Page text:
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Proceedings Paper

PICARD payload thermal control system and general impact of the space environment on astronomical observations
Author(s): M. Meftah; A. Irbah; A. Hauchecorne; J.-F. Hochedez
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Paper Abstract

PICARD is a spacecraft dedicated to the simultaneous measurement of the absolute total and spectral solar irradiance, the diameter, the solar shape, and to probing the Sun’s interior by the helioseismology method. The mission has two scientific objectives, which are the study of the origin of the solar variability, and the study of the relations between the Sun and the Earth’s climate. The spacecraft was successfully launched, on June 15, 2010 on a DNEPR-1 launcher. PICARD spacecraft uses the MYRIADE family platform, developed by CNES to use as much as possible common equipment units. This platform was designed for a total mass of about 130 kg at launch. This paper focuses on the design and testing of the TCS (Thermal Control System) and in-orbit performance of the payload, which mainly consists in two absolute radiometers measuring the total solar irradiance, a photometer measuring the spectral solar irradiance, a bolometer, and an imaging telescope to determine the solar diameter and asphericity. Thermal control of the payload is fundamental. The telescope of the PICARD mission is the most critical instrument. To provide a stable measurement of the solar diameter over three years duration of mission, telescope mechanical stability has to be excellent intrinsically, and thermally controlled. Current and future space telescope missions require ever-more dimensionally stable structures. The main scientific performance related difficulty was to ensure the thermal stability of the instruments. Space is a harsh environment for optics with many physical interactions leading to potentially severe degradation of optical performance. Thermal control surfaces, and payload optics are exposed to space environmental effects including contamination, atomic oxygen, ultraviolet radiation, and vacuum temperature cycling. Environmental effects on the performance of the payload will be discussed. Telescopes are placed on spacecraft to avoid the effects of the Earth atmosphere on astronomical observations (turbulence, extinction, ...). Atmospheric effects, however, may subsist when spacecraft are launched into low orbits, with mean altitudes of the order of 735 km.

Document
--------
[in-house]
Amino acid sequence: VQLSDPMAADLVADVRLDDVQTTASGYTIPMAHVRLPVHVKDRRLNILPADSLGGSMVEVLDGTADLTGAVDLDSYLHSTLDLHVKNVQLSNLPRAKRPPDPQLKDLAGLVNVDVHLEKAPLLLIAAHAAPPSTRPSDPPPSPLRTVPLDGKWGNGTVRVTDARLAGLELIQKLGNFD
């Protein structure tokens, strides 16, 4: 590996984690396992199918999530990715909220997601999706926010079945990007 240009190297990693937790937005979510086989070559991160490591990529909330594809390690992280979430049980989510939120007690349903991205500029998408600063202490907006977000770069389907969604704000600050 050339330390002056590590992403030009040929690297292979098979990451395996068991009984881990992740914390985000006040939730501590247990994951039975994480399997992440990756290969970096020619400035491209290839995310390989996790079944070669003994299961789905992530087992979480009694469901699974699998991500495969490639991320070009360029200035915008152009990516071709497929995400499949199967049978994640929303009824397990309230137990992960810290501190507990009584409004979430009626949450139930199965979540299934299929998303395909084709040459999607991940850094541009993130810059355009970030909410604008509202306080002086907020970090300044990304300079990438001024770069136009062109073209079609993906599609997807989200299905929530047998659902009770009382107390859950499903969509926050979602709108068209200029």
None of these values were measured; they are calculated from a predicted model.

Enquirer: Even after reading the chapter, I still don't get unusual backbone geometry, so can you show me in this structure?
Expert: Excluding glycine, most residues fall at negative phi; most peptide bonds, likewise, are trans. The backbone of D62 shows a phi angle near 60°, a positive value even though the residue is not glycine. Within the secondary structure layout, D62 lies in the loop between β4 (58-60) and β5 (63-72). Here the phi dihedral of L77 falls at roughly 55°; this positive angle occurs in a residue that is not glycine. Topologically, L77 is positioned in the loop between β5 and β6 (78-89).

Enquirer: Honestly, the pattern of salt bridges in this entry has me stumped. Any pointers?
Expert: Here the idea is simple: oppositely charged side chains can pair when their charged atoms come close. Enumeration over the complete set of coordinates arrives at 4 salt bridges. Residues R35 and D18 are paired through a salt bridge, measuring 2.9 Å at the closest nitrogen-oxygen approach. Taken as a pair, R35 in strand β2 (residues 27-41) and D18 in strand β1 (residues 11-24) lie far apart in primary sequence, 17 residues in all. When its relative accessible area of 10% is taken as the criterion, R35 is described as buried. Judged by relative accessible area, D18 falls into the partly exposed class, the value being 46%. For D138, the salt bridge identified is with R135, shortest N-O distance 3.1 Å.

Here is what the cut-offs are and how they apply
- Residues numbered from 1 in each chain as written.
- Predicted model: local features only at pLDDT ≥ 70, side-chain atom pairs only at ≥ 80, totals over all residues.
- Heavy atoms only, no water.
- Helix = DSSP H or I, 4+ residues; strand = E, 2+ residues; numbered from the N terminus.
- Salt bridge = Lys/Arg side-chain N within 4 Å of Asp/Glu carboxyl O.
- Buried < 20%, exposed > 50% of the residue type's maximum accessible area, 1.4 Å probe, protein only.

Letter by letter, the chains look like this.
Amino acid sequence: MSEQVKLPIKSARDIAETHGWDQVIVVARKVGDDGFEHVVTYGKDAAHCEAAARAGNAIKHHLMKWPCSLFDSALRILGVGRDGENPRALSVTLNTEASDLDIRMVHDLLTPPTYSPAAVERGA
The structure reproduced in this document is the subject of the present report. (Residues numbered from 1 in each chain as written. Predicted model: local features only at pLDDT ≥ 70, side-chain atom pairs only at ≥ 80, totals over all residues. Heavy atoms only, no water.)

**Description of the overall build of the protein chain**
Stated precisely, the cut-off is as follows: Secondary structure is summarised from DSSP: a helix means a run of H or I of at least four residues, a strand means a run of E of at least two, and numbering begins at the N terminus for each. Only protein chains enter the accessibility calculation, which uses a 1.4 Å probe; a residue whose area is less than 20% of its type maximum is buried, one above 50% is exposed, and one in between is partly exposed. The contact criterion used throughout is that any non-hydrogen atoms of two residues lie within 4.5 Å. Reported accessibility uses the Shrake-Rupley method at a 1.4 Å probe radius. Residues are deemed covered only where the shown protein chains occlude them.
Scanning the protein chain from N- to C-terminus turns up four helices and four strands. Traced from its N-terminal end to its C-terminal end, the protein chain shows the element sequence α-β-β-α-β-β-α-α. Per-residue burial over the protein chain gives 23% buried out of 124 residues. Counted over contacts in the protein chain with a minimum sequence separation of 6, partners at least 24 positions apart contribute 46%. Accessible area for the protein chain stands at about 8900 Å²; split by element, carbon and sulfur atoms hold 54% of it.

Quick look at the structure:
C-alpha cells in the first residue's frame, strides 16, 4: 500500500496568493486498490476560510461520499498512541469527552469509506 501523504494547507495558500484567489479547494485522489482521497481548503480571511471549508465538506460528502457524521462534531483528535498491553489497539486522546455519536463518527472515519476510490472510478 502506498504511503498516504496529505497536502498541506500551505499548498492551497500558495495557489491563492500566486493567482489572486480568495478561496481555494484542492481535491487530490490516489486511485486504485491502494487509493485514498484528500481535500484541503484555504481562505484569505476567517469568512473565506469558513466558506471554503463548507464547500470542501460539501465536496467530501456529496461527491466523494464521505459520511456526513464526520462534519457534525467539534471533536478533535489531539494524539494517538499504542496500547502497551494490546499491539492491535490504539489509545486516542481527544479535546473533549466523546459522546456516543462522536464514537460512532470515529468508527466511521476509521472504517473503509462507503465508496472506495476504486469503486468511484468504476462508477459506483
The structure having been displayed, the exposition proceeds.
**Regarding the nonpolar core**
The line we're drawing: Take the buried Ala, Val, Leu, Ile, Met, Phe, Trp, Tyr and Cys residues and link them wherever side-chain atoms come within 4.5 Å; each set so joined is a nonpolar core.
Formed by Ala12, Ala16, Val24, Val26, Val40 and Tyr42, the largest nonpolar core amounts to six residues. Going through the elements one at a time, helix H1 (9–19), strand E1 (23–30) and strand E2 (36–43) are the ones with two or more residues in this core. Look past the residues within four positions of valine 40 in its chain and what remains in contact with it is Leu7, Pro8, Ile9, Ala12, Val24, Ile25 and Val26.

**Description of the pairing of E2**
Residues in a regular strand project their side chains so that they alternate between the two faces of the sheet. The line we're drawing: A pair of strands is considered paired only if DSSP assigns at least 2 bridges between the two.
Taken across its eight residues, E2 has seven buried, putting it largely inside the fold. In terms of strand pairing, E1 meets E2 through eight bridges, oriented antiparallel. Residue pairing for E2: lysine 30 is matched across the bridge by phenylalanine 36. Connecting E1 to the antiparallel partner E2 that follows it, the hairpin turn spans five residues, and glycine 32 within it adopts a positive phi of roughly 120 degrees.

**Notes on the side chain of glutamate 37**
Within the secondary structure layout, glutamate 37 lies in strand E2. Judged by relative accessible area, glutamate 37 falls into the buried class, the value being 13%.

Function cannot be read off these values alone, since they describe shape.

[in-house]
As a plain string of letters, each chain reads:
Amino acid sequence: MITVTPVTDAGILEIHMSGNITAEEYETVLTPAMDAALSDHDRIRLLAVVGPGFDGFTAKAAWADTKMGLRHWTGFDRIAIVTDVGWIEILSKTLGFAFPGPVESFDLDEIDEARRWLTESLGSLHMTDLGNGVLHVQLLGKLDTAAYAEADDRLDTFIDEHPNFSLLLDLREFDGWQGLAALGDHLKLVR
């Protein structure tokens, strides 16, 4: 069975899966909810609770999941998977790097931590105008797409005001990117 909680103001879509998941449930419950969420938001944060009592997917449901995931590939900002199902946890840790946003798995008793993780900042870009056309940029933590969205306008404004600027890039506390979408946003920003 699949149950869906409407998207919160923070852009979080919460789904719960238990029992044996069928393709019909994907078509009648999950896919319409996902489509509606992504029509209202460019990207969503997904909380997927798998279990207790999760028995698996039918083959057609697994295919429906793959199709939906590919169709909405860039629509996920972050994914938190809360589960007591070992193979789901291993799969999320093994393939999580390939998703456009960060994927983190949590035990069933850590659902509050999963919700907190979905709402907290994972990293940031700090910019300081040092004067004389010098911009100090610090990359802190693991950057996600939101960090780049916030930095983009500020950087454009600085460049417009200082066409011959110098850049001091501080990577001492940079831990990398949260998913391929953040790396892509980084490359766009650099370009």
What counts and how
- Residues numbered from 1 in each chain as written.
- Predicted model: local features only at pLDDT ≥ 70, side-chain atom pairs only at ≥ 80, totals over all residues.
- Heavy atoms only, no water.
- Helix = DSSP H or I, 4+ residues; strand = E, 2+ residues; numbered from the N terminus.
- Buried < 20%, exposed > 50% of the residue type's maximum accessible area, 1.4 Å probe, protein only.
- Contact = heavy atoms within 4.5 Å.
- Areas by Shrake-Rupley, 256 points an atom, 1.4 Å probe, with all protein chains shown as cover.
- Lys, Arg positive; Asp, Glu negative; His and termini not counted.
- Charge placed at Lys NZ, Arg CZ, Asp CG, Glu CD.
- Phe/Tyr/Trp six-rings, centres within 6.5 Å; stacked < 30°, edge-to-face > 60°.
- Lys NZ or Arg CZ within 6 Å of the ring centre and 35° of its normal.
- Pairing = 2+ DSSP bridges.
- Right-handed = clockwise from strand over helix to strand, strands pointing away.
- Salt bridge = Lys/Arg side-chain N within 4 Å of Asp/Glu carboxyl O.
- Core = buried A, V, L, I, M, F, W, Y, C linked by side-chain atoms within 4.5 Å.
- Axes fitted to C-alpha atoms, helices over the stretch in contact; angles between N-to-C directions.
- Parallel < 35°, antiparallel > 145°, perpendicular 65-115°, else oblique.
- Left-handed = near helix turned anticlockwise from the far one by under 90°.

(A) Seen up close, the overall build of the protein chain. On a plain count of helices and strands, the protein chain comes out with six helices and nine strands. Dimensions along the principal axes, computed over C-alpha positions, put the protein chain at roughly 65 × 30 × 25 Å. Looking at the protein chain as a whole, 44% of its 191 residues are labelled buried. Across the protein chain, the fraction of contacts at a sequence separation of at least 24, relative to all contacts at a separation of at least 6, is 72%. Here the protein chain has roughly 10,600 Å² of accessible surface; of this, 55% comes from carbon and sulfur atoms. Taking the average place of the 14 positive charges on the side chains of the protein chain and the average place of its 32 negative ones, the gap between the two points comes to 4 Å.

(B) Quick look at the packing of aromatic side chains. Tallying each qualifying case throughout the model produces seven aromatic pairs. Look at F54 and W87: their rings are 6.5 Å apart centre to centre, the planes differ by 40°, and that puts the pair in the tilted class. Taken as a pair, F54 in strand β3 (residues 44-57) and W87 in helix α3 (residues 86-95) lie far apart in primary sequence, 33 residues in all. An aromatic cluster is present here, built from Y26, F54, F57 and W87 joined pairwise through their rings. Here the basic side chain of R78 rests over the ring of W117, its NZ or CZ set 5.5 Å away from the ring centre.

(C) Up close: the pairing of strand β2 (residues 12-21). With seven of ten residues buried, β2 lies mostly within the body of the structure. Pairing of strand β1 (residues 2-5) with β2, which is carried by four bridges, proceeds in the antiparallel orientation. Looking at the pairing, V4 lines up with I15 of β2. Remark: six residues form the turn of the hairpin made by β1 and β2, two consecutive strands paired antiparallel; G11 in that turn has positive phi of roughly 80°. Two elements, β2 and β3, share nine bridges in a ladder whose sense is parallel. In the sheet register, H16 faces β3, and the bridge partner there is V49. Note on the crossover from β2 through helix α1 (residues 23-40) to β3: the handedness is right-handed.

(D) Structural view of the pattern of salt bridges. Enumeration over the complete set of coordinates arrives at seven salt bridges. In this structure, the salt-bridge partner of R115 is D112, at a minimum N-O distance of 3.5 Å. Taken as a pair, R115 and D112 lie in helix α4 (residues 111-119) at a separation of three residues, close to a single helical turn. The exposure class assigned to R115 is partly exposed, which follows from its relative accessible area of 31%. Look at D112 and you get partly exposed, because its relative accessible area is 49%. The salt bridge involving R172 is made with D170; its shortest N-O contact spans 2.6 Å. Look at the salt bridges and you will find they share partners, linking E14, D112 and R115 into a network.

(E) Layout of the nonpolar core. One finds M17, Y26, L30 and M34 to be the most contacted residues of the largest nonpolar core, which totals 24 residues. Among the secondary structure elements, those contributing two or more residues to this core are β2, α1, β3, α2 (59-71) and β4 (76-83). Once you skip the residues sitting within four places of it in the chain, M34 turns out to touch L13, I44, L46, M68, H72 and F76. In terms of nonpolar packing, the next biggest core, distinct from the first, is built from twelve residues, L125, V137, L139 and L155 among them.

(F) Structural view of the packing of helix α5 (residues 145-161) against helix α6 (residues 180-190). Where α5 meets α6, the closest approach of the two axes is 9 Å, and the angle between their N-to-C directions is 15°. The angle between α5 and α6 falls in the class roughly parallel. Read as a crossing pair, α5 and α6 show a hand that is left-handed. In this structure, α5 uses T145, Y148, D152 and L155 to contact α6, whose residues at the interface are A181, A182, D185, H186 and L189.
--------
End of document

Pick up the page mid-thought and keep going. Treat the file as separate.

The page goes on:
Paper Details

Date Published: 21 May 2013
PDF: 19 pages
Proc. SPIE 8739, Sensors and Systems for Space Applications VI, 87390B (21 May 2013); doi: 10.1117/12.2010178
Show Author Affiliations
M. Meftah, Lab. Atmosphères, Milieux, Observations Spatiales, CNRS (France)
Univ. Paris VI, Univ. de Versailles Saint-Quentin-en-Yvelines (France)
A. Irbah, Lab. Atmosphères, Milieux, Observations Spatiales, CNRS (France)
Univ. Paris VI, Univ. de Versailles Saint-Quentin-en-Yvelines (France)
A. Hauchecorne, Lab. Atmosphères, Milieux, Observations Spatiales, CNRS (France)
Univ. Paris VI, Univ. de Versailles Saint-Quentin-en-Yvelines (France)
J.-F. Hochedez, Lab. Atmosphères, Milieux, Observations Spatiales, CNRS (France)
Univ. Paris VI, Univ. de Versailles Saint-Quentin-en-Yvelines (France)


Published in SPIE Proceedings Vol. 8739:
Sensors and Systems for Space Applications VI
Khanh D. Pham; Joseph L. Cox; Richard T. Howard; Genshe Chen, Editor(s)

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